Stern et al. propose that ophiolites form during subduction initiation in what are now the fore-arc regions of island arcs, that in order to understand one, we must study the other. They present a comparison between accretionary margins (characterized by high sediment flux) and erosional margins (characterized by low sediment flux and “naked” fore-arc crust), and propose that the latter “naked” fore-arcs—which form ophiolites when emplaced on land—are the best place to study subduction initiation. They elaborate on this model with a discussion of the Izu-Bonin-Mariana fore-arc region.
Shervais and Choi present geochemical data from mafic and ultramafic rocks of the Coast Range ophiolite (CRO) and Tehama-Colusa mélange (TCM) that separates the CRO from the subjacent Franciscan subduction complex in northern California. They integrate the geochemical data with field and geochronologic relationships to propose that Franciscan subduction initiated along a large-offset oceanic transform, relics of which are locally preserved within the TCM, with formation of the CRO above the nascent subduction zone.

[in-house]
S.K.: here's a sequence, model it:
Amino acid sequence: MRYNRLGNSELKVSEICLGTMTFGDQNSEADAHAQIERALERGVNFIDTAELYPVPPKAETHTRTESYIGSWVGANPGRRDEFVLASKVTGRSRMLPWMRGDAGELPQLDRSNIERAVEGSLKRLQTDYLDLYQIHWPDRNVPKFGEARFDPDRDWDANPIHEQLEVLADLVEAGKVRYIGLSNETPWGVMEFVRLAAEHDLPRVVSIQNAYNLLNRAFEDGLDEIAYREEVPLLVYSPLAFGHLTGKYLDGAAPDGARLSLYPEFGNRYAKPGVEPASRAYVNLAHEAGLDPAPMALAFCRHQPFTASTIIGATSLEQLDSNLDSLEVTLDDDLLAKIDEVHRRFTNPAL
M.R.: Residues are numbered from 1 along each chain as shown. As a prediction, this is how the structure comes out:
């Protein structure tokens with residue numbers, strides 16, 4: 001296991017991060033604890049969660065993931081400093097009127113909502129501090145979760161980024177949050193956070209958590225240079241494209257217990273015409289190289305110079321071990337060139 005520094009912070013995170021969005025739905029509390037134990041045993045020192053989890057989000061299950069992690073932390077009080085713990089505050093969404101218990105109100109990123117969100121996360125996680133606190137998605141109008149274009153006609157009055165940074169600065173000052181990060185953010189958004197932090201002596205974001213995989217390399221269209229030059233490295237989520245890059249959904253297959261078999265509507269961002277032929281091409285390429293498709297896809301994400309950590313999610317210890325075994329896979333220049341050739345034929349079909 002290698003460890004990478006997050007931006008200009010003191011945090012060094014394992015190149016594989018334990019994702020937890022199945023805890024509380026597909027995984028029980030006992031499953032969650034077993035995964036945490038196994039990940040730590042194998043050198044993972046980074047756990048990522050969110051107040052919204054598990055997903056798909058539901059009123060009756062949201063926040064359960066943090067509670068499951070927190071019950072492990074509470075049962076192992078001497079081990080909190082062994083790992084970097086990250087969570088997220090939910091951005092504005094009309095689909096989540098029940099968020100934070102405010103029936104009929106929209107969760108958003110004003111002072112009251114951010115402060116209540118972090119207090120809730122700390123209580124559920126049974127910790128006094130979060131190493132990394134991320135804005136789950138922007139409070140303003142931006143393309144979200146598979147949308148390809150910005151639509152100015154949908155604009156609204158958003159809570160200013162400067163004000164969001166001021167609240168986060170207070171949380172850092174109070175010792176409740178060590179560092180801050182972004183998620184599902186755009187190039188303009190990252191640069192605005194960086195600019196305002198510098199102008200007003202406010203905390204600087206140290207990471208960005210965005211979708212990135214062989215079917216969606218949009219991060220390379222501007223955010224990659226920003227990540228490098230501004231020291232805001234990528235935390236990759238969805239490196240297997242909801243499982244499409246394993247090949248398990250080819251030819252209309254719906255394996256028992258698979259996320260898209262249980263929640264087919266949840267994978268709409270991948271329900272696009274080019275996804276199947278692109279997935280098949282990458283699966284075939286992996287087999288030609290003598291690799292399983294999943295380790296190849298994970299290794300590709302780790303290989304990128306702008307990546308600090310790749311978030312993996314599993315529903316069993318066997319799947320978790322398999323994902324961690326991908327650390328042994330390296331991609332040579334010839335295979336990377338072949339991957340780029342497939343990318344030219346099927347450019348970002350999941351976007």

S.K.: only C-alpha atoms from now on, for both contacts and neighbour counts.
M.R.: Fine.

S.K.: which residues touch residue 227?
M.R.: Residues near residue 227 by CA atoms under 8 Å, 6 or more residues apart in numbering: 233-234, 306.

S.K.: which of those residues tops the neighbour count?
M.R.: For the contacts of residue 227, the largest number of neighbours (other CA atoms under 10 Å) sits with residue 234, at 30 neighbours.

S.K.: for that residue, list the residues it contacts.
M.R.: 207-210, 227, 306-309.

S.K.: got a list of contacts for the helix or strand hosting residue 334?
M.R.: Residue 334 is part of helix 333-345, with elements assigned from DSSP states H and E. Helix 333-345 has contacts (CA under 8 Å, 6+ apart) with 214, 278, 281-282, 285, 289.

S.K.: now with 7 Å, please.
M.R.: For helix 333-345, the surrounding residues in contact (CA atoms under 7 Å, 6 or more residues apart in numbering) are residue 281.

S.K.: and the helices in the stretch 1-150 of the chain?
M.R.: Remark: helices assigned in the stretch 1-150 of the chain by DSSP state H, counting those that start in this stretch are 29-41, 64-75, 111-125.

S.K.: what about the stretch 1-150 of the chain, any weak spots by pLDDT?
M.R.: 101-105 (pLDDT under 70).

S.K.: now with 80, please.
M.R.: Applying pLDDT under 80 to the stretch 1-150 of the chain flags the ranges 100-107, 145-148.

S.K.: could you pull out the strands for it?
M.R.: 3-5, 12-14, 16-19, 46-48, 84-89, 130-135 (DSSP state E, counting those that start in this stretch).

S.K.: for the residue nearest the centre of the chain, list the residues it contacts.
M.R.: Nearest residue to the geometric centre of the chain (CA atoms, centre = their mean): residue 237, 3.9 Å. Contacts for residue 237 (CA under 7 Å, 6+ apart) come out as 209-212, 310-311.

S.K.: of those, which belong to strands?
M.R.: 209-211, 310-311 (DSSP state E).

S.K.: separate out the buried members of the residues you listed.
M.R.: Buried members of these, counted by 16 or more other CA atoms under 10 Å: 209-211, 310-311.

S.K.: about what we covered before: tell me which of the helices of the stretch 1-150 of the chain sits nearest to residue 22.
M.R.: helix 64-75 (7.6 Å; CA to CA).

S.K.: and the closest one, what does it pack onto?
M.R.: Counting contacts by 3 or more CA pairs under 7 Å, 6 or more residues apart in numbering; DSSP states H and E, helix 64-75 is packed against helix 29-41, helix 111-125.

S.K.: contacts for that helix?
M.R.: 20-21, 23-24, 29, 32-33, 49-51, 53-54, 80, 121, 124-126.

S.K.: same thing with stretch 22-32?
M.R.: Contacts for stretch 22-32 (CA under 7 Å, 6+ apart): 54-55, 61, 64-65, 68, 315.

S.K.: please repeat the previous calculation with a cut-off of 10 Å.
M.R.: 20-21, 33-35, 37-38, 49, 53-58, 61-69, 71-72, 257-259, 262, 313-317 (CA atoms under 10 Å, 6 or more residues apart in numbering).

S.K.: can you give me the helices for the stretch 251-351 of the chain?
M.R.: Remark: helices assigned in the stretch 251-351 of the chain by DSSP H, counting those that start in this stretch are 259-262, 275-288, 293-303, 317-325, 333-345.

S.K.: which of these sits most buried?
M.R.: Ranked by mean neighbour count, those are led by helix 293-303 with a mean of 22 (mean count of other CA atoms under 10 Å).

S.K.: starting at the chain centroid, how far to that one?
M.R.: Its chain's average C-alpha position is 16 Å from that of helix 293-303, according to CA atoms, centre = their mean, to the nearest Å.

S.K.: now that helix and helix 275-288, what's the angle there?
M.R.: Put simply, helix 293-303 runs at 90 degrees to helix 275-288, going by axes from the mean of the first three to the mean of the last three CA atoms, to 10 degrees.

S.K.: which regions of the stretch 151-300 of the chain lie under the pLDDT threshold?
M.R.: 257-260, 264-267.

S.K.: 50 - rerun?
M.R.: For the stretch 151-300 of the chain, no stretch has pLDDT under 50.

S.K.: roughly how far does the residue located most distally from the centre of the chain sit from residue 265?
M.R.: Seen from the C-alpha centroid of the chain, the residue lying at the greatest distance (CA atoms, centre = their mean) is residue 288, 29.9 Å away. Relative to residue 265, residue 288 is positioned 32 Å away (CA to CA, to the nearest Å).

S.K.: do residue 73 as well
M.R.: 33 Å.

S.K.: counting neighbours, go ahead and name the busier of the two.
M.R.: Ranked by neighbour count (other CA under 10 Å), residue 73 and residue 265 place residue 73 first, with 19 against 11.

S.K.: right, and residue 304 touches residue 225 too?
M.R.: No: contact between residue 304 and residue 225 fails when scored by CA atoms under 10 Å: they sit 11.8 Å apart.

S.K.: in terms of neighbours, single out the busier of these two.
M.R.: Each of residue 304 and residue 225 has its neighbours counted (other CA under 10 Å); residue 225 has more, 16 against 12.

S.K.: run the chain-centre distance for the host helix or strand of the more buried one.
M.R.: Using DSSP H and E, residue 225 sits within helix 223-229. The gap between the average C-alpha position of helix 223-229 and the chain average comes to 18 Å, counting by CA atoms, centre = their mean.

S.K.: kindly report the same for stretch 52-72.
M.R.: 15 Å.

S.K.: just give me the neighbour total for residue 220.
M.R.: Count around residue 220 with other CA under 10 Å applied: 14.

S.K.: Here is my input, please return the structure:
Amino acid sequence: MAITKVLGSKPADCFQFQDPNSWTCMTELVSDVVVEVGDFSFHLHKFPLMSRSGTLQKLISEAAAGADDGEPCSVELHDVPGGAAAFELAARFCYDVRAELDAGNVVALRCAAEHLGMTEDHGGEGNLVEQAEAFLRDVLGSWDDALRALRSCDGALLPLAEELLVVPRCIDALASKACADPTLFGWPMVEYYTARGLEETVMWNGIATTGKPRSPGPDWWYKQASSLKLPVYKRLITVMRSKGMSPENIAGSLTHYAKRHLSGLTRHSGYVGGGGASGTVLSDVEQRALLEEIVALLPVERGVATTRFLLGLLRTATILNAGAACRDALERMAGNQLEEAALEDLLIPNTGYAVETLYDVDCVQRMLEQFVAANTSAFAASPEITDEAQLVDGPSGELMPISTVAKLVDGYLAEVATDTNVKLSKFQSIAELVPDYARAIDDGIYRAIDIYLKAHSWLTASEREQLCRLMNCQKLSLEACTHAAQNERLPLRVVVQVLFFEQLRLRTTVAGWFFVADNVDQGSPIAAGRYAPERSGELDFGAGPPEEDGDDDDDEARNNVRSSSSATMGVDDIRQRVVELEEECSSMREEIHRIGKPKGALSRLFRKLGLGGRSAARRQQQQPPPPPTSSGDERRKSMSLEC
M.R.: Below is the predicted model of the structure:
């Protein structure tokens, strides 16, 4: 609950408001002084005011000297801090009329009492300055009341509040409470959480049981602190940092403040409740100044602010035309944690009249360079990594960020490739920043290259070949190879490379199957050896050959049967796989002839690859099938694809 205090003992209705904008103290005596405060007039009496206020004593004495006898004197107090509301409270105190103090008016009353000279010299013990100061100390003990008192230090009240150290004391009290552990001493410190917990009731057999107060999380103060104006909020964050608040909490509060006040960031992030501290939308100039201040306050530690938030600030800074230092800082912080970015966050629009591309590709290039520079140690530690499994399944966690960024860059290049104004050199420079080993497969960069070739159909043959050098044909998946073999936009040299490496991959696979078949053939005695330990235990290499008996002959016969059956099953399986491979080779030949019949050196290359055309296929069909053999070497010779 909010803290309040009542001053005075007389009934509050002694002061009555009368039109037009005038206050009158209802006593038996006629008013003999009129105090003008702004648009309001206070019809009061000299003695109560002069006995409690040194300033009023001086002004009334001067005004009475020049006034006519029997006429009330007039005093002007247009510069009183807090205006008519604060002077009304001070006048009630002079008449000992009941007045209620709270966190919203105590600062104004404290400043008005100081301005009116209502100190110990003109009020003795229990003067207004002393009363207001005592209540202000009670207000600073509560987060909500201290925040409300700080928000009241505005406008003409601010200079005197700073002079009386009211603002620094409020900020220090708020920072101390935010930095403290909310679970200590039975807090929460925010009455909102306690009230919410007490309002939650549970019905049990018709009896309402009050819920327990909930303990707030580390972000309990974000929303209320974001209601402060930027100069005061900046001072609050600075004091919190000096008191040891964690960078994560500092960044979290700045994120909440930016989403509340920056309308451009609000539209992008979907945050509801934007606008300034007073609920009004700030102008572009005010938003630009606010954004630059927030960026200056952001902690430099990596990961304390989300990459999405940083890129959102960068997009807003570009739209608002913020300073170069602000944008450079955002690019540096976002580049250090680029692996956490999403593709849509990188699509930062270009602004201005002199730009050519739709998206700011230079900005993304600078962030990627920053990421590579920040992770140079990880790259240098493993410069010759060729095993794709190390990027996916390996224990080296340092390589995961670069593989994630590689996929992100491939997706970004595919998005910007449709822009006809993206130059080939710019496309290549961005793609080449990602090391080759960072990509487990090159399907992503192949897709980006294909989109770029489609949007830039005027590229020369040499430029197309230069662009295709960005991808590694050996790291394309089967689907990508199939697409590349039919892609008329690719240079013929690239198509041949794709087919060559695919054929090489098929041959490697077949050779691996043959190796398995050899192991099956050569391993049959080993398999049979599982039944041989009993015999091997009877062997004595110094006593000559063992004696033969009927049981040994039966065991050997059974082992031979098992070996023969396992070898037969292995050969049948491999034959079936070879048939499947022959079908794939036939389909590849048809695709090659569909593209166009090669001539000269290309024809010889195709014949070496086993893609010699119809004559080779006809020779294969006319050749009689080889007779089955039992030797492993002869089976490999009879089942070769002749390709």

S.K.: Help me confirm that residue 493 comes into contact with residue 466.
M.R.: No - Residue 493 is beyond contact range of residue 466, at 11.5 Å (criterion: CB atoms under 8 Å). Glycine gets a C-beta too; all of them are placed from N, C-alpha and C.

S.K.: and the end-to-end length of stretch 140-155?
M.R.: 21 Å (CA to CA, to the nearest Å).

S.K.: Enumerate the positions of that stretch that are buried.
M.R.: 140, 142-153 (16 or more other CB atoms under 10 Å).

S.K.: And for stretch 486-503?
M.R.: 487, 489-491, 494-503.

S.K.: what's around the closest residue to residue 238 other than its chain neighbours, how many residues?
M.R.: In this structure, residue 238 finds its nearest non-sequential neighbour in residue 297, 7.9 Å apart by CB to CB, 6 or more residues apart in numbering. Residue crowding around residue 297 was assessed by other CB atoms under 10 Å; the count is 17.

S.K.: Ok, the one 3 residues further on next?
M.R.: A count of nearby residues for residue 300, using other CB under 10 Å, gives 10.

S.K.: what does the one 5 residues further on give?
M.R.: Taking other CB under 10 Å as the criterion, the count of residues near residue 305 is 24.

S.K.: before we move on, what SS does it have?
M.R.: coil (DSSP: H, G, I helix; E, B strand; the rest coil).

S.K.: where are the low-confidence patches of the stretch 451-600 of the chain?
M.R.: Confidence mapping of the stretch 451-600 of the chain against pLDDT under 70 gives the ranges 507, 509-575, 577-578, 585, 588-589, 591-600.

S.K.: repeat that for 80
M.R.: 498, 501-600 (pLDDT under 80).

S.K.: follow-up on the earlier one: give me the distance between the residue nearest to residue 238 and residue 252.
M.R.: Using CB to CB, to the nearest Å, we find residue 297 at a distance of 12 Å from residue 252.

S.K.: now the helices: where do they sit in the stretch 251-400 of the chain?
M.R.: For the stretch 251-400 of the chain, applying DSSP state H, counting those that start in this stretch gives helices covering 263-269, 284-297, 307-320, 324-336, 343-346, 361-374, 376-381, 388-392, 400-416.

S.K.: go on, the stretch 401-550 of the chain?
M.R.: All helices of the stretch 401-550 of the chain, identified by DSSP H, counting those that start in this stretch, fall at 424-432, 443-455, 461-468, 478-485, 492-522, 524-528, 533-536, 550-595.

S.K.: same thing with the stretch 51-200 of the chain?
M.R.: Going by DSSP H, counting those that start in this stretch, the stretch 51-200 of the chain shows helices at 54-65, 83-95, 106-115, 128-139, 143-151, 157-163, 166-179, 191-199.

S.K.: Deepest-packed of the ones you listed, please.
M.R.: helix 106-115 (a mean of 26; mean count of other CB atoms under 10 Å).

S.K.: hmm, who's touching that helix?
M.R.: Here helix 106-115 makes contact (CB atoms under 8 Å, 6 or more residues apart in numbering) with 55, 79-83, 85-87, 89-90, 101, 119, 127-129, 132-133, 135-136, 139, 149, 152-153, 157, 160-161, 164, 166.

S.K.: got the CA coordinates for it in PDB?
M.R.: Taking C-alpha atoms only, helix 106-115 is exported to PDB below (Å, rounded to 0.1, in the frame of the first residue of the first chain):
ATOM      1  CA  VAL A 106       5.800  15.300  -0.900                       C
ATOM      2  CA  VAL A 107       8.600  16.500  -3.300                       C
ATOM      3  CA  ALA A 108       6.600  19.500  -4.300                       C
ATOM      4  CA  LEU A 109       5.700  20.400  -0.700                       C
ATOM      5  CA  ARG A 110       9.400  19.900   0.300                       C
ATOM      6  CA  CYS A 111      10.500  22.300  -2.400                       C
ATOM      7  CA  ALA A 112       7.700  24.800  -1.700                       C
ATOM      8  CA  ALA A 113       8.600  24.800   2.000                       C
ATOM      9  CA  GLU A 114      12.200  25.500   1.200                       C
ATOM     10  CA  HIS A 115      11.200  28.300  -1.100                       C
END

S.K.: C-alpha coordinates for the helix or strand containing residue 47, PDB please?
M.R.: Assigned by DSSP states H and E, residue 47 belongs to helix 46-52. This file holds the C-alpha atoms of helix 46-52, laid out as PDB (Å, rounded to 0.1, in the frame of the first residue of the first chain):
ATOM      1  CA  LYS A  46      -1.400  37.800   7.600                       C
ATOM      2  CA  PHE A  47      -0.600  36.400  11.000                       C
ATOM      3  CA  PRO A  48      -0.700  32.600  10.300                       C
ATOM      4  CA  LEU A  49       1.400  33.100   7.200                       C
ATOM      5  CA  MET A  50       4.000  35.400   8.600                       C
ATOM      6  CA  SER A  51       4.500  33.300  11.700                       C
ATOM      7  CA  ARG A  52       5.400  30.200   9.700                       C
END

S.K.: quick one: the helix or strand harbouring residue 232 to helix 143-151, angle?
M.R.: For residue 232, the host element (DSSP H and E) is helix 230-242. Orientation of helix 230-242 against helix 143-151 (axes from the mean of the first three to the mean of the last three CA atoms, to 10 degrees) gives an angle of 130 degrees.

Osozawa et al. present geochemical and geochronologic data from the Troodos ophiolite, of Cyprus, an ophiolite long proposed to have formed over a nascent subduction zone. They suggest that extensive forearc volcanism recorded by ophiolite lavas persisted for about 15 Ma. They postulate that initial formation of the Troodos ophiolite followed subduction initiation, as previously proposed, but that an extended period of ridge subduction followed, resulting in an unusually long duration of forearc magmatism.